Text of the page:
While passwords are a common form of authentication on the Internet, they’re more often than not the only line of defence between hackers and your personal information. Our helpful team at Cloud53 HQ would be happy to talk things through with anyone who is concerned about their security and anyone who wants better defences. In the meantime, the information below may give you some quick pointers!image

What is Password Security?

Password security, though often overlooked, plays an extremely important role when it comes to protecting your identity on the Internet. After all, it keeps unauthorised users from breaking into your online accounts and stealing your personal information for their nefarious purposes like impersonating you to commit crimes in your name.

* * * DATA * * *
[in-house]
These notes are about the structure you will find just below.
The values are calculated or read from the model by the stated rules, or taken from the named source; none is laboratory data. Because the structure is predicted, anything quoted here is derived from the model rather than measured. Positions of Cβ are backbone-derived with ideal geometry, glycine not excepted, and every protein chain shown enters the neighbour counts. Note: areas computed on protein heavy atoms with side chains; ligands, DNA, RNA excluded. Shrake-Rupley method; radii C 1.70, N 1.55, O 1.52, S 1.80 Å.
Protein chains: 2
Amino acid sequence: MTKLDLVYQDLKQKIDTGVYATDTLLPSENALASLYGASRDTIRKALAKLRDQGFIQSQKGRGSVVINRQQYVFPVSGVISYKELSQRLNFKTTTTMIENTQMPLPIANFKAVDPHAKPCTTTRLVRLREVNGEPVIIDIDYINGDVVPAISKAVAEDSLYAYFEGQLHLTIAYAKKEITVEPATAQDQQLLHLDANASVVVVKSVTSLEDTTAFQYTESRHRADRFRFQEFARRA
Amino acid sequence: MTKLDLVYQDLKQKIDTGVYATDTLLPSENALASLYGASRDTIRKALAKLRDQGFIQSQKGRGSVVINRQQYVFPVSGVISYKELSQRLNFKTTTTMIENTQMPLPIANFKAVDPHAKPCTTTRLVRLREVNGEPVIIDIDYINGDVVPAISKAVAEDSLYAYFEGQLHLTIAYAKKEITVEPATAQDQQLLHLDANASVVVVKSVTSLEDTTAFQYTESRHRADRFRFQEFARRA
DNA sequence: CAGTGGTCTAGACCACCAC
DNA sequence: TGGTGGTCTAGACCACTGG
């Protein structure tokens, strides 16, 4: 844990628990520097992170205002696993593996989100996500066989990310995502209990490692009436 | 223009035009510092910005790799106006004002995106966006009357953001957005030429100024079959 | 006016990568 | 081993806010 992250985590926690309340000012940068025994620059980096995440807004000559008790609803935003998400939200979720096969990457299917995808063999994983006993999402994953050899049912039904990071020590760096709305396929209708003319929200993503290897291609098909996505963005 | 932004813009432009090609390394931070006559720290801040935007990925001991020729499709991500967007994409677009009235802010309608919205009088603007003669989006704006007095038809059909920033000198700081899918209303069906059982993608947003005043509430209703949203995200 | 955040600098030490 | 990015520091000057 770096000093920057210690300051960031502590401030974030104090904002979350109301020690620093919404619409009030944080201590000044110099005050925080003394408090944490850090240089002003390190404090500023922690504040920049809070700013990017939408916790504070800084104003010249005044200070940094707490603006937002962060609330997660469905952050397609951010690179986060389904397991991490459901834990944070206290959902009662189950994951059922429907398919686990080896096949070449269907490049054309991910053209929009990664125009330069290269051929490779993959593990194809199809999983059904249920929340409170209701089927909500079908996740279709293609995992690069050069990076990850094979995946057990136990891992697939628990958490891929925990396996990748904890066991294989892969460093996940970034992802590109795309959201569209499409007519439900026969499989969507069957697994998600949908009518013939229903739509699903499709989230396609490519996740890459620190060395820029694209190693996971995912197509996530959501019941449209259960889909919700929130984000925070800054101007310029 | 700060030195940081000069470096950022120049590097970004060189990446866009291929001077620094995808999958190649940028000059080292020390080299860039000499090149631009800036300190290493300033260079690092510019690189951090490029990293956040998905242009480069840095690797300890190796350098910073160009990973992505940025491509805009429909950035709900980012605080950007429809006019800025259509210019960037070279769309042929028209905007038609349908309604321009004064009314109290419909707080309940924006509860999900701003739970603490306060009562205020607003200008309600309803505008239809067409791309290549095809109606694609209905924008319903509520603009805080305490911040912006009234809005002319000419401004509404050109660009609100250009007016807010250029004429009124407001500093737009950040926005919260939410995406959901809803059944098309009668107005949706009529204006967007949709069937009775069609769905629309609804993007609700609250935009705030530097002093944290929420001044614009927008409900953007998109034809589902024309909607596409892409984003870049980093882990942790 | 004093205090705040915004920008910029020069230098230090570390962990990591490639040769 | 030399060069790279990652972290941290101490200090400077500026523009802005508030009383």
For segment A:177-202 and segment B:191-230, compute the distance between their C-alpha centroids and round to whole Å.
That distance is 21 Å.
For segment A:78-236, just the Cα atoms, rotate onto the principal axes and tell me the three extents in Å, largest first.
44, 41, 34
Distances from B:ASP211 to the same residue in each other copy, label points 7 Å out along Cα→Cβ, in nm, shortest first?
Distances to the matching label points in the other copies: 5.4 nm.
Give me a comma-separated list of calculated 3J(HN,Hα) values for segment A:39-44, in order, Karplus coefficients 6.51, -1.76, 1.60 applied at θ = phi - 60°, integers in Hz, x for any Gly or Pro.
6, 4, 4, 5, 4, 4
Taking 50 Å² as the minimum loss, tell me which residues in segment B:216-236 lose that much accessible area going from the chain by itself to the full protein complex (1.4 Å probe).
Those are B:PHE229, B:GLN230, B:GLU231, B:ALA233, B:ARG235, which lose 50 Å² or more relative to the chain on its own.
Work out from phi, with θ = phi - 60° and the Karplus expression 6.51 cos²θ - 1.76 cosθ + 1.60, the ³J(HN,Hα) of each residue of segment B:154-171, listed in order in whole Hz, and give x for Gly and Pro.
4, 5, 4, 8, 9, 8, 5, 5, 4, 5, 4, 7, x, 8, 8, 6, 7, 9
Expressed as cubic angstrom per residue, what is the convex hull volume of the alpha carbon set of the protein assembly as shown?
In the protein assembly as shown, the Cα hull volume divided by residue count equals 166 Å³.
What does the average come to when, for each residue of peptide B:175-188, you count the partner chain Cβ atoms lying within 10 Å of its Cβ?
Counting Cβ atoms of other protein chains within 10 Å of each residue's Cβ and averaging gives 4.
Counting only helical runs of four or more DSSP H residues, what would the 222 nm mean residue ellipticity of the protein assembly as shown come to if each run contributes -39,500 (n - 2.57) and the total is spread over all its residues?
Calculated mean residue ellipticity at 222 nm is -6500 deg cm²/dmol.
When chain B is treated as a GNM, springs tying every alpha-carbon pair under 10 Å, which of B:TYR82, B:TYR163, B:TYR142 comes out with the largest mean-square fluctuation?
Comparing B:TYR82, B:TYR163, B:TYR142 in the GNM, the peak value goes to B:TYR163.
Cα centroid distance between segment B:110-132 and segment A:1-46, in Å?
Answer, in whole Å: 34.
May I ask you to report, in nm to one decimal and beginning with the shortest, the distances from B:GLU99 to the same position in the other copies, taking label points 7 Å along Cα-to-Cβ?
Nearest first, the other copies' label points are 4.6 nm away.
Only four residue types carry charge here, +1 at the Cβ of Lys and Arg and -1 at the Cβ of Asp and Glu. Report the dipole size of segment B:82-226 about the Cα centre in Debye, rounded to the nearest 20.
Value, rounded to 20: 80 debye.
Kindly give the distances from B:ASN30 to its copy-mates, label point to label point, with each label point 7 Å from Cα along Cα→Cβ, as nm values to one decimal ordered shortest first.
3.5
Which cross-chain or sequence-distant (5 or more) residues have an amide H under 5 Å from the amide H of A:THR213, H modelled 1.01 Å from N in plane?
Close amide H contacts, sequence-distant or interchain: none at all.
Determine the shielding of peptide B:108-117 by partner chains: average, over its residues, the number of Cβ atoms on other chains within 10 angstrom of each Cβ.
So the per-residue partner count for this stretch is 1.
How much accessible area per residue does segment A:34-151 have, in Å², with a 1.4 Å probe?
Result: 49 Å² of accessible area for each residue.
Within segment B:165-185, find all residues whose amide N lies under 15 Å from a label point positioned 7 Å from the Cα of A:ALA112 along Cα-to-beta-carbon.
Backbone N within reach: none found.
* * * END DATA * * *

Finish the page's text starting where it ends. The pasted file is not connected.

You can free yourself from risk by resetting your old, weak passwords to long, un-crackable ones and remind your friends, family and colleagues to do the same. With identity theft and other cyber-crimes at an all-time high, setting robust passwords is crucial and we’re going to show you exactly how to go about that.

How Hackers Can Steal Your Passwords?

Have you ever wondered how hackers go about cracking your passwords? Well, here are some of the most common ways through which they can steal your passwords, and ultimately, your personal information:

1. Brute force attack

One of the most common password cracking techniques out there, a brute-force attack involves checking all possible key combinations until the right one is found. Since hackers use complex algorithms to try multiple combinations at super-fast speeds, rest assured that your short passwords will be cracked in no time!

2. Password sniffing attack